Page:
One, Two, Three

[no poster image specified]

1961 (Billy Wilder) PG, 115 minutes

James Cagney, Horst Buchholz, Pamela Tiffin

Over the course of the evening, we will watch two films scripted by Billy Wilder: Ninotchka, a film he wrote but did not direct; and a later remake, One, Two, Three, which he did direct.


 There are three screenwriters credited on Ninotchka, Ernst Lubitsch’s sparkling, sophisticated comedy about the clash between capitalist and communist values, but it clearly shows Billy Wilder’s individual development as arguably Hollywood’s sharpest, funniest storyteller. Before he was a director, Wilder honed his craft by writing almost 30 German features, mostly musicals and comedies. After fleeing Germany for Hollywood, he and his first writing partner Charles Brackett were given the bizarre challenge of writing a comedy starring Greta Garbo.


 Famous for the tragic intensity of her performances, she was nobody’s first thought for a comedienne – in fact, the trailer’s big splash title was “Garbo Laughs!”: that’s how rare it was. In a stroke of genius, they pulled it off by poking fun at her image, making her character a humourless Soviet bureaucrat who meets and falls in love with a charming Count played by Melvyn Douglas. Garbo gets to use all her tools, but in the context provided by the script, they all play as hilarious. All the hallmarks of what would become Wilder’s style – the hilarious wordplay, the witty romantic repartee, the sardonic humour, and crucially, the moral compass and humanity of a Jew who fled the Nazis – are all richly on display in Ninotchka.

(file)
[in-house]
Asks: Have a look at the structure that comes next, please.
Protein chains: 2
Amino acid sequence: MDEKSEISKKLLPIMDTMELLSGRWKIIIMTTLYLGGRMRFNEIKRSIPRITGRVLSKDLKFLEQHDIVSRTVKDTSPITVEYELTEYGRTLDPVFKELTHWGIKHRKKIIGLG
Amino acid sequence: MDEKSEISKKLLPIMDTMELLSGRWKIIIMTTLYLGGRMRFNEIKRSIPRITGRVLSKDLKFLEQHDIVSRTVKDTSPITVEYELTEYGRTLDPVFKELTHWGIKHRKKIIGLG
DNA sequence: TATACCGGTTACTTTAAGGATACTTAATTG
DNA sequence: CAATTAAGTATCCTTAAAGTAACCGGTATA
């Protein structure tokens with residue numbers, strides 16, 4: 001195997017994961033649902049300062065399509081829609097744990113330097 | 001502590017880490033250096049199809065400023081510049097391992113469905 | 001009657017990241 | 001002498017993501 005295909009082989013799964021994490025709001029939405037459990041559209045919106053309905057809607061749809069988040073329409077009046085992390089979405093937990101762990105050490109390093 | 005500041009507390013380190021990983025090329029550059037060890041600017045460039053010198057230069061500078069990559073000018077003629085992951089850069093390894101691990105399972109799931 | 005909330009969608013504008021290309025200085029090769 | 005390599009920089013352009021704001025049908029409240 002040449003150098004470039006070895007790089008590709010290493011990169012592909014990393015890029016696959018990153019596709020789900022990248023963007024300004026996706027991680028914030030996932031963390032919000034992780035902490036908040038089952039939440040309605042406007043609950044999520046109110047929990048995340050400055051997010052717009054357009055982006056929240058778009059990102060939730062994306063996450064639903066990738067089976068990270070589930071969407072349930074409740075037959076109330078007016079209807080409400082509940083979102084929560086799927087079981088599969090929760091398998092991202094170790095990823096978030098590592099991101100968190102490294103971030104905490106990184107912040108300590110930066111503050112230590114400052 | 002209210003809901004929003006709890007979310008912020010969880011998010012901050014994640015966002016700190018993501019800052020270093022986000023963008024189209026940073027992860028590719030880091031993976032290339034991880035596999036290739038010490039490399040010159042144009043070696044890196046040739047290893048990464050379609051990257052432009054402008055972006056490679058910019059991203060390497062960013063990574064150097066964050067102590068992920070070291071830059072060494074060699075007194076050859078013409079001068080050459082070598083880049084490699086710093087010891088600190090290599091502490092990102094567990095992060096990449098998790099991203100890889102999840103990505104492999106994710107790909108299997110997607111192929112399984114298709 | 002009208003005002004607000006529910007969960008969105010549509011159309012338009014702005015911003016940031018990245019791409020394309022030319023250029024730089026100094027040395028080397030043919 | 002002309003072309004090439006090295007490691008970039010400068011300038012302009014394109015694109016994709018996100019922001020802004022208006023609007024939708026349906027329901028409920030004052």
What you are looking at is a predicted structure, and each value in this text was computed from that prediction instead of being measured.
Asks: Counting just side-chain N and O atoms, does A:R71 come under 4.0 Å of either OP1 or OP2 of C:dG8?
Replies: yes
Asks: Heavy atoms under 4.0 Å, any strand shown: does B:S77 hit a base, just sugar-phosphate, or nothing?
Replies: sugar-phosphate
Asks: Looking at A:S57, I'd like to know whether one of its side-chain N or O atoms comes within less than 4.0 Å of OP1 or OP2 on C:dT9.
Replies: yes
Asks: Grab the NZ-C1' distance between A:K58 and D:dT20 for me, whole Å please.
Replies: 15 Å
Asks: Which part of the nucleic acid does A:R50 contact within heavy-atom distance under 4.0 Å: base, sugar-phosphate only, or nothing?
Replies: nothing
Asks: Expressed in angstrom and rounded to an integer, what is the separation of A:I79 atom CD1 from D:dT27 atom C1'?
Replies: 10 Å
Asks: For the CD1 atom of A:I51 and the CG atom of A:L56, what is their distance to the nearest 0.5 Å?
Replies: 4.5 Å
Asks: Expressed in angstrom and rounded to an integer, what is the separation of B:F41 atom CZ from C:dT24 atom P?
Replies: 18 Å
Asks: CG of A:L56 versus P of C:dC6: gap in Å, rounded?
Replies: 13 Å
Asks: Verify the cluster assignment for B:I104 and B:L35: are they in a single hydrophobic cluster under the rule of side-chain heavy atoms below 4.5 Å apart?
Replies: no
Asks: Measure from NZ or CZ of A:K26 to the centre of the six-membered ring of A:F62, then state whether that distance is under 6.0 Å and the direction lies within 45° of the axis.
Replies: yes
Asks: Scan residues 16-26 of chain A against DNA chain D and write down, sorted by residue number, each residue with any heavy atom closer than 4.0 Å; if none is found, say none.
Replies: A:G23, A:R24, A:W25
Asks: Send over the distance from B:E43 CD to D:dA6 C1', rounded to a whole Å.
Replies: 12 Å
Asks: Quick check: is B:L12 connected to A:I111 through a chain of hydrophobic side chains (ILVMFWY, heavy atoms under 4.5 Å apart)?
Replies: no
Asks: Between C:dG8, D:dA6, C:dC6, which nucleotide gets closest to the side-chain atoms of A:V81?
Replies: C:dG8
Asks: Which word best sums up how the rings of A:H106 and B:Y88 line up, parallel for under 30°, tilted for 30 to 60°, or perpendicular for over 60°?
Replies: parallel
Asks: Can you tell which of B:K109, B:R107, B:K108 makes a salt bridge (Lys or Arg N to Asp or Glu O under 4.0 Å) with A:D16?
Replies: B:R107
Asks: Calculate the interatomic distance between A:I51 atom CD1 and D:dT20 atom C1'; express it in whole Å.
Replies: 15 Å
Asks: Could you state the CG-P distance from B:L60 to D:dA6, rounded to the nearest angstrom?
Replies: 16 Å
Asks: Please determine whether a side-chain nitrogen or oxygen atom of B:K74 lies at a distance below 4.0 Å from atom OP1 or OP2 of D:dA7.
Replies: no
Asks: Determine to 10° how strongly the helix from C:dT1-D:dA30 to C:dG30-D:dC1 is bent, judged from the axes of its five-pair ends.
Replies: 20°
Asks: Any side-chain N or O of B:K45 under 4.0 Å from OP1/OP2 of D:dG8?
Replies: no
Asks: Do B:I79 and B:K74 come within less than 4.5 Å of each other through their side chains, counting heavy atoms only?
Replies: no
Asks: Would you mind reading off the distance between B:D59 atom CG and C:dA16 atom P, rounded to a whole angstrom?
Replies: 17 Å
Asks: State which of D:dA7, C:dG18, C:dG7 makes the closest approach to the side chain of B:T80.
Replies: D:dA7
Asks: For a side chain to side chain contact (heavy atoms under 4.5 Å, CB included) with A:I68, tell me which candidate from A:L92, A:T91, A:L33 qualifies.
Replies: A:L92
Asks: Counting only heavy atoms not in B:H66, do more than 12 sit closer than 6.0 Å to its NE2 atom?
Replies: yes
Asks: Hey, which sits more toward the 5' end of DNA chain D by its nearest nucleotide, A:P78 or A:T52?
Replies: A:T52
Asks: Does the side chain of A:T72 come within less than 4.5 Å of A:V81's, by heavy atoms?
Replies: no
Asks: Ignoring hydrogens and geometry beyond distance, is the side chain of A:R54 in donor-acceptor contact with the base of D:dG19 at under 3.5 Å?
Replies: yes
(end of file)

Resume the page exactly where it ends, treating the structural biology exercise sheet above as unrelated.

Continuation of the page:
In 1961, Wilder essentially made his version of Ninotchka in One, Two, Three. He took an actor known for being a heavy – James Cagney – and put him in a script that repurposed all his tools as funny. The film is furiously paced, and Cagney’s hard-assed, machine-gun-fire performance is jaw-dropping. The plot has the same elements as Ninotchka: Cagney is a Coca-Cola executive stationed in Berlin, trying to sell capitalism to socialists, who tries to break up his daughter’s romance with a passionate Leninist. It’s pure joy to watch Cagney rapid-fire Wilder’s hilarious dialogue at the other actors in the film and see them try to keep up. In One, Two, Three, Wilder takes the story from the sophisticated wit of Lubitsch’s world and puts it in his own: tough, hard-bitten, but still human – still a mensch.


Special event pricing: General $13 - Members/Students/Seniors $10. $2 Double-Bill Discount. Buy tickets at billywilderrevue.eventbrite.ca

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